|Dr. Peter Nowell|
How could we all have been so wrong; can't scientists even count up to 46? No, as a matter of fact, in 1955 it was pretty hard. If we couldn't even tell how many of them were there, it's obvious the comment they all looked alike wasn't worth very much. As Peter shyly admits, his discovery was a result of being trained as a physician rather than as a life scientist; he knew what leukemia looked like, but at that time he didn't know very much about chromosomes. It happens chromosomes spend most of their lives expanded into tiny filaments too small to examine under the microscope. But as they enter the stage of cell division called metaphase, those filaments shorten and thicken up, becoming a lot easier to examine. As a pathologist, Peter didn't bother to stain his slides in dilute salt solution, but just washed them in tap water. The tap water had caused the cells to swell up and burst; those that happened to be in metaphase dumped their stubby chromosomes out where they could be stained and looked at. Simple. Doesn't everyone wash slides in tap water?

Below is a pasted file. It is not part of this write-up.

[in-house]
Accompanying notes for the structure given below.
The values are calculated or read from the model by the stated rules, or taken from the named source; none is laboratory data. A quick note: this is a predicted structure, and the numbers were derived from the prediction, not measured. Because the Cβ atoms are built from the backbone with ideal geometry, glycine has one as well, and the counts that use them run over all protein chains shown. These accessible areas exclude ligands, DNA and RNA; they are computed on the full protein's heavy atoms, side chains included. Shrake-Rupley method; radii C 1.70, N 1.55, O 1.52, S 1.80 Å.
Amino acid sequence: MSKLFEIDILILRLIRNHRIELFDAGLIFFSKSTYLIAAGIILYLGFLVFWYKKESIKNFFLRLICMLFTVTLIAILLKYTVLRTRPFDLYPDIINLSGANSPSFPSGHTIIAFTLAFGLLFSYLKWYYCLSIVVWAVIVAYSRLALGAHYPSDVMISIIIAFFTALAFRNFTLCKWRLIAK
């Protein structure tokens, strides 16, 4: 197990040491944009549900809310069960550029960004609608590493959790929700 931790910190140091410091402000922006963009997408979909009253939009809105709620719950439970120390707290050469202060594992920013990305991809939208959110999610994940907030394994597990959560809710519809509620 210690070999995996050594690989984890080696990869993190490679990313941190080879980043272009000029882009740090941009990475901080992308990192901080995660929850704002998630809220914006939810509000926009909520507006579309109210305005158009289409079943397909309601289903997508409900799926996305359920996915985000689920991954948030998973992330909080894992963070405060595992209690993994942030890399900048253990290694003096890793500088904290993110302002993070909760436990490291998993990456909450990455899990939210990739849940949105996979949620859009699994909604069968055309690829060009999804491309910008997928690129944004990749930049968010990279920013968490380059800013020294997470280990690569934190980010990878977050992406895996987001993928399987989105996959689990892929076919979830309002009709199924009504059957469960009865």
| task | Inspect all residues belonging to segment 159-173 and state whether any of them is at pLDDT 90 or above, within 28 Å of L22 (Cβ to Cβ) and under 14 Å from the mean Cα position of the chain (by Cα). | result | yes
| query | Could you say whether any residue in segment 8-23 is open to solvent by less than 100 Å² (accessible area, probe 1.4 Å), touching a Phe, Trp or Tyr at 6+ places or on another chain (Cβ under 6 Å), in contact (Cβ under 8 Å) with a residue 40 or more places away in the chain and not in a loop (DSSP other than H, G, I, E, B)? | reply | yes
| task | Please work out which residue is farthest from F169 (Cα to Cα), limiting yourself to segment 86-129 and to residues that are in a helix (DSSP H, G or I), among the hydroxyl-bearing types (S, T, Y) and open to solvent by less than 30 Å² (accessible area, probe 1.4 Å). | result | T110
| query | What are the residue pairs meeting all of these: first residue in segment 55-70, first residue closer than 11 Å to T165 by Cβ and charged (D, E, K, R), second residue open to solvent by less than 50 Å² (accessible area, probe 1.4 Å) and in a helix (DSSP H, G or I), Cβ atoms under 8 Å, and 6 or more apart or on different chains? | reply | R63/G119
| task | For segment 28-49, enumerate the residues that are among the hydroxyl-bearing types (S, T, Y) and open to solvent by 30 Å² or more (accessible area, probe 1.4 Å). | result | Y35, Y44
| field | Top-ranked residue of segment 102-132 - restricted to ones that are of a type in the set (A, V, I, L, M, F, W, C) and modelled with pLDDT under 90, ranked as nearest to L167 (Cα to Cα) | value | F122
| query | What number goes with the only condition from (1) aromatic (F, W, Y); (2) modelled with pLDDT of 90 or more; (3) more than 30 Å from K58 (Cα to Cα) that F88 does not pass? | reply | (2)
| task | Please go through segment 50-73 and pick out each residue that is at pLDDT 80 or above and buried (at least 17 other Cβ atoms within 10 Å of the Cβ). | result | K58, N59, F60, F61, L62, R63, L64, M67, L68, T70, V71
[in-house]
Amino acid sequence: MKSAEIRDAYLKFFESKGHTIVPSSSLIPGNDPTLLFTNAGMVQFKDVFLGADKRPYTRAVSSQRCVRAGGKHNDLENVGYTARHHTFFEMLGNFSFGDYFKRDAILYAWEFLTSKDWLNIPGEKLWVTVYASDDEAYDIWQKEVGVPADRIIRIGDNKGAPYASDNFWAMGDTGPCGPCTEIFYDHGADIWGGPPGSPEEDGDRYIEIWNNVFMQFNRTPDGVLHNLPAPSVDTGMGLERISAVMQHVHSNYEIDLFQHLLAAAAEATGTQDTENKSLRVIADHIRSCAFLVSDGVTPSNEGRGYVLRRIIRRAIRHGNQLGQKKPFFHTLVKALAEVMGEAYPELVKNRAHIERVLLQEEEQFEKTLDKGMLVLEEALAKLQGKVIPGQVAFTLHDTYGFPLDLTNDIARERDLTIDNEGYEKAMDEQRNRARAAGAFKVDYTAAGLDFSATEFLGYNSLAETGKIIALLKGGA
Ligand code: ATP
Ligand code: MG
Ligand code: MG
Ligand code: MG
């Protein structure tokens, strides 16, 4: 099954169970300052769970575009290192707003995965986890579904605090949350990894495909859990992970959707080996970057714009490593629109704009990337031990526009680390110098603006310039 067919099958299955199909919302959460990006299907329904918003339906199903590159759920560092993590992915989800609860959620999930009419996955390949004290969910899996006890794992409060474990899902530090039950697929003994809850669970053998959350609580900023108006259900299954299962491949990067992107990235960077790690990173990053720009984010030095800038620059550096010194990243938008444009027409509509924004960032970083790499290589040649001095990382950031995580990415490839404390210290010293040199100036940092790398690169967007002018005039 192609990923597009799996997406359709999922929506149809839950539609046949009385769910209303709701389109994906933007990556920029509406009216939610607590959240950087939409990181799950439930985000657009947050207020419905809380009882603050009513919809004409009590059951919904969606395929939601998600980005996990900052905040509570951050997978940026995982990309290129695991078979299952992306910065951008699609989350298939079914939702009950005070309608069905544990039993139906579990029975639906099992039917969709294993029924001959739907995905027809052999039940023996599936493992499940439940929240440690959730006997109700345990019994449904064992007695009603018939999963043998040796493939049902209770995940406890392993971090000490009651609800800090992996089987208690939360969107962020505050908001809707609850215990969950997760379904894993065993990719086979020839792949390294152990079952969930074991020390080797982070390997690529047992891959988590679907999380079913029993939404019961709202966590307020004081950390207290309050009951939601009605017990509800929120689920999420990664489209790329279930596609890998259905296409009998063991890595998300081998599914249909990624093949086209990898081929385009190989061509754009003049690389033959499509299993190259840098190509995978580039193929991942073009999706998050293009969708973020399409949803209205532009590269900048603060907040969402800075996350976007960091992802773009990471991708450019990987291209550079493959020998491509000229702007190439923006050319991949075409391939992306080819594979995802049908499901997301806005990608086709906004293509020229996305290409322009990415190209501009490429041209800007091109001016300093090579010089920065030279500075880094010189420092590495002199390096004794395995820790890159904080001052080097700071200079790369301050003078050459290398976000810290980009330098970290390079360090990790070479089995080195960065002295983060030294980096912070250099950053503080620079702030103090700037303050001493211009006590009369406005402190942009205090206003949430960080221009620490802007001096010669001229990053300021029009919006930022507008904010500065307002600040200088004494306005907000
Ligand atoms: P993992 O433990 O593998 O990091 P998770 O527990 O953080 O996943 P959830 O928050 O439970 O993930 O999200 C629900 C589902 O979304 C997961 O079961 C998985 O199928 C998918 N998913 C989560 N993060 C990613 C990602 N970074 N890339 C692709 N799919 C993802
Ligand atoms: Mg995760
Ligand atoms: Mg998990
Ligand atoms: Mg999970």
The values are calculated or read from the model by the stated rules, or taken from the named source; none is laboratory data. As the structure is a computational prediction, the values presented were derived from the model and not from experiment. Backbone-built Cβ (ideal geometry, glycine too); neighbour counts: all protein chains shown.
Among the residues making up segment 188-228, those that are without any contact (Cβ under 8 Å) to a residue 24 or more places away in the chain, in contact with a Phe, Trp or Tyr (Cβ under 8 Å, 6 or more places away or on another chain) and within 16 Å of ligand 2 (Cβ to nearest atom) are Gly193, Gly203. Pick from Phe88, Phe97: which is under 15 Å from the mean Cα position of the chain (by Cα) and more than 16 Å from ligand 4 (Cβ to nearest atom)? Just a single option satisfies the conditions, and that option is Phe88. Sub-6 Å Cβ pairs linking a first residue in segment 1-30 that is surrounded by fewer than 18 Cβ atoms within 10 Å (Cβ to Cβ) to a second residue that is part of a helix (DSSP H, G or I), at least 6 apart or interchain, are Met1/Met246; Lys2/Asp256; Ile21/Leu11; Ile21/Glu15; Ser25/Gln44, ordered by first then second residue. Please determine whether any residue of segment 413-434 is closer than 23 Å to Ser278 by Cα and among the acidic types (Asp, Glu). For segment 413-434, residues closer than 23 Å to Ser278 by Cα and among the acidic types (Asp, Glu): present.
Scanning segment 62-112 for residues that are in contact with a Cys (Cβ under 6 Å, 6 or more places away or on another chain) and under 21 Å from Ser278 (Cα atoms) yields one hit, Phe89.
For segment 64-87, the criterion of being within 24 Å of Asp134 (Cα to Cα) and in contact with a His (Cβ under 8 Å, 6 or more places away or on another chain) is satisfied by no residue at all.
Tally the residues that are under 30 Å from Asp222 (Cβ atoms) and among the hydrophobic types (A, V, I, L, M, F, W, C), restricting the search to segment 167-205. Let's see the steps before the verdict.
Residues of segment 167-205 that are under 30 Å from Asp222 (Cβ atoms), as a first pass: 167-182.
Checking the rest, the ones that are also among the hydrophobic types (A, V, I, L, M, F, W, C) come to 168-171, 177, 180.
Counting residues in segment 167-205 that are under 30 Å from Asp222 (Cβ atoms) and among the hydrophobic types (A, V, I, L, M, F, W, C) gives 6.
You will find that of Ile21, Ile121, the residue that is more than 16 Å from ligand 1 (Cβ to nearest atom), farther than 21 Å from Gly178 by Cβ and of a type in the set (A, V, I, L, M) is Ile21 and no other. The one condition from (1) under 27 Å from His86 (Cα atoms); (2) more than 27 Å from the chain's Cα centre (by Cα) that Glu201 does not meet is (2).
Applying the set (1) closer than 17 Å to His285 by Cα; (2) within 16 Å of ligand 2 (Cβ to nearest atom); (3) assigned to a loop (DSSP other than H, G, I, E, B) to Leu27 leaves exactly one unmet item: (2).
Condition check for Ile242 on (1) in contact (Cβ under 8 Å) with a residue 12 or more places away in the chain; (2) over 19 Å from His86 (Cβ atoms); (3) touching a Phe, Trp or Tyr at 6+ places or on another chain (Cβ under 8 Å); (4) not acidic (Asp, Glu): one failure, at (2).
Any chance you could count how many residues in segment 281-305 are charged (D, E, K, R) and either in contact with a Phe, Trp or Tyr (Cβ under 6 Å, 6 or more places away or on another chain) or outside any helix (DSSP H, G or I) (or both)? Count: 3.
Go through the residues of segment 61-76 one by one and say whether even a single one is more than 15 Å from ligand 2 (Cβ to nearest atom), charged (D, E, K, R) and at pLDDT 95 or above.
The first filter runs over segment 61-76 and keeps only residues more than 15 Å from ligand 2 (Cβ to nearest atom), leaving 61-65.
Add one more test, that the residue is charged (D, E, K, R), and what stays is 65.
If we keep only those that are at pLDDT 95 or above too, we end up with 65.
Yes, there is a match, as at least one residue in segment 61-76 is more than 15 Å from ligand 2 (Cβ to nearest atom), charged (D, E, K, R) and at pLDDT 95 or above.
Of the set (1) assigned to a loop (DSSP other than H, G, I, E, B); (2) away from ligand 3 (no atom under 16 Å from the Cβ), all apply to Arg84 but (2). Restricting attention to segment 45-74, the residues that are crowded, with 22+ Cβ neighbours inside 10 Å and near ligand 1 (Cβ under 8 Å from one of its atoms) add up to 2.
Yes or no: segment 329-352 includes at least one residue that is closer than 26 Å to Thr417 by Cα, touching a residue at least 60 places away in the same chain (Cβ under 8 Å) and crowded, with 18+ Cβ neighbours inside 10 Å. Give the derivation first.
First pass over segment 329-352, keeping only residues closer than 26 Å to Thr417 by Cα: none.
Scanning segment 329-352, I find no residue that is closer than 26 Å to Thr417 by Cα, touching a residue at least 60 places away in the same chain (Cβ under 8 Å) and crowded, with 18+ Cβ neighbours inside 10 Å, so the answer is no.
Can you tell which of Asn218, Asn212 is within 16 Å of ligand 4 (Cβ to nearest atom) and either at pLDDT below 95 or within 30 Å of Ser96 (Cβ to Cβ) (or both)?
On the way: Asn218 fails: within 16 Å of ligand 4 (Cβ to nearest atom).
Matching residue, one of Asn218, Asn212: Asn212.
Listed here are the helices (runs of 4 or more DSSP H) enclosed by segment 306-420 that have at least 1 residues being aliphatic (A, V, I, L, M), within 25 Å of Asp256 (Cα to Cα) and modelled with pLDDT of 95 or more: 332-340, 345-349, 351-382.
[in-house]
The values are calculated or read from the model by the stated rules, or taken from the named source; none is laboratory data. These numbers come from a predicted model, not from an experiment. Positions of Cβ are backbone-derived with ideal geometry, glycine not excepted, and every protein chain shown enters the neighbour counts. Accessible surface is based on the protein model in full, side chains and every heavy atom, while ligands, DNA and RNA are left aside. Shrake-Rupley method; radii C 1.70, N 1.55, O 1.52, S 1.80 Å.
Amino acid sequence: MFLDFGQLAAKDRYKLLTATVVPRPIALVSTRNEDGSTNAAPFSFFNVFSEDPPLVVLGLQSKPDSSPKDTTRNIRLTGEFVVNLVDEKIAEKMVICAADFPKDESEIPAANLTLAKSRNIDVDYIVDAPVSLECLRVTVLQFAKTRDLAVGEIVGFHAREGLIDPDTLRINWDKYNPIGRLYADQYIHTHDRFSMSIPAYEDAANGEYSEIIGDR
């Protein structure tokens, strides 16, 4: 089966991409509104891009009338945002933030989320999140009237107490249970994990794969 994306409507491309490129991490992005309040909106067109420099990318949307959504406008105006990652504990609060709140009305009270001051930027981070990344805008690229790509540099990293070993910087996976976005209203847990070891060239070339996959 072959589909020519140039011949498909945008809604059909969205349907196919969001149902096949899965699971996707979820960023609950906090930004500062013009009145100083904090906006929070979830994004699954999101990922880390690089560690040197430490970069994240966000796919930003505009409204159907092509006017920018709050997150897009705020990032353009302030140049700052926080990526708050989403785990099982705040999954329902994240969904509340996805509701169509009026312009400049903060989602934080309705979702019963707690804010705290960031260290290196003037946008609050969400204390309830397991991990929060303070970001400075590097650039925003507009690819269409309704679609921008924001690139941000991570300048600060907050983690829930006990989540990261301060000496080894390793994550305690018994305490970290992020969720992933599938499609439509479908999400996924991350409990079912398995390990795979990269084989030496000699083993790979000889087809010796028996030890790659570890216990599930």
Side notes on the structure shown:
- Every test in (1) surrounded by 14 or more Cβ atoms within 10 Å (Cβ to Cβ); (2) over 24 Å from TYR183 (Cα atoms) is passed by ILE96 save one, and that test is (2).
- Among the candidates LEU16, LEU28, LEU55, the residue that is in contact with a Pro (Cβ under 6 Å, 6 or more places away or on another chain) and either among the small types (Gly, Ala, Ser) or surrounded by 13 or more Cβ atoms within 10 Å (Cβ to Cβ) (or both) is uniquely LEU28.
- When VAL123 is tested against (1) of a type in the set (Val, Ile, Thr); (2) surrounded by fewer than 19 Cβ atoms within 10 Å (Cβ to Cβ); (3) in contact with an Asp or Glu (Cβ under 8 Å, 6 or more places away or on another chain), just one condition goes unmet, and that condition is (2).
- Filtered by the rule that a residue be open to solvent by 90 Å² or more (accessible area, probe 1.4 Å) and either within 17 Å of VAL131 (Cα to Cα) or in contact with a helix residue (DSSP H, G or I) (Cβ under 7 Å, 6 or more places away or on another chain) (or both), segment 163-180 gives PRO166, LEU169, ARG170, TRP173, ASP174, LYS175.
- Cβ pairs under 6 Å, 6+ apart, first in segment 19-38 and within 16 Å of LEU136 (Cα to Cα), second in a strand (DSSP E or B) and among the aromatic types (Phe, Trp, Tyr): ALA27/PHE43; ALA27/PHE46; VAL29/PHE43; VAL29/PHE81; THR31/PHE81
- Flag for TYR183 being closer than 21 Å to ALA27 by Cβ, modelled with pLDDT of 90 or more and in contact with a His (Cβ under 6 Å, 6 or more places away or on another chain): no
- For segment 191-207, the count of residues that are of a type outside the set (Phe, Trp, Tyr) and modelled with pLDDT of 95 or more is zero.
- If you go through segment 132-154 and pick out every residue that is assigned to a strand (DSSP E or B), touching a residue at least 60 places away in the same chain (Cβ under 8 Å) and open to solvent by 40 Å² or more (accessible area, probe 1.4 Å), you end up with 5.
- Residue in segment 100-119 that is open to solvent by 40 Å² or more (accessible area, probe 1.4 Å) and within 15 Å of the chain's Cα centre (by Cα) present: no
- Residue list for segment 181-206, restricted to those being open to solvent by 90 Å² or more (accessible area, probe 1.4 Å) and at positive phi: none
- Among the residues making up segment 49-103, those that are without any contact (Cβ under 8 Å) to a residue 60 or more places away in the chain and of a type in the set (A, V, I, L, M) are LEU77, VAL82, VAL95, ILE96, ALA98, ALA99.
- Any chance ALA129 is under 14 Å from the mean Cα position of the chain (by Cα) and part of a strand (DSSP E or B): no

So fifty years ago, the general question of what causes cancer finally narrowed down to the right sort of specific question. Thousands of scientists, spending billions of dollars from the National Institutes of Health, sharpened the focus of their search considerably. It certainly looks as though someone is going to carry the search the final step, pretty soon. However, the fact that fifty years of intensive study still hasn't quite found the answer is an illustration of how fiendishly difficult the search really is. Each year that might have been spent futilely avoiding genetic searches would have added one year more before the answer was finally found. By the way, why is it called the Philadelphia Chromosome? In 1955 it had been decided by the scientific community that every genetic abnormality would be named after the city in which it was discovered. Dr. Peter C. Nowell of the University of Pennsylvania and the late Dr. David Hungerford of the Fox Chase Cancer Center were the joint discoverers, so obviously it was entirely a Philadelphia discovery; at that time it had been made a custom that genetic abnormalities were named after the city where they had been first found.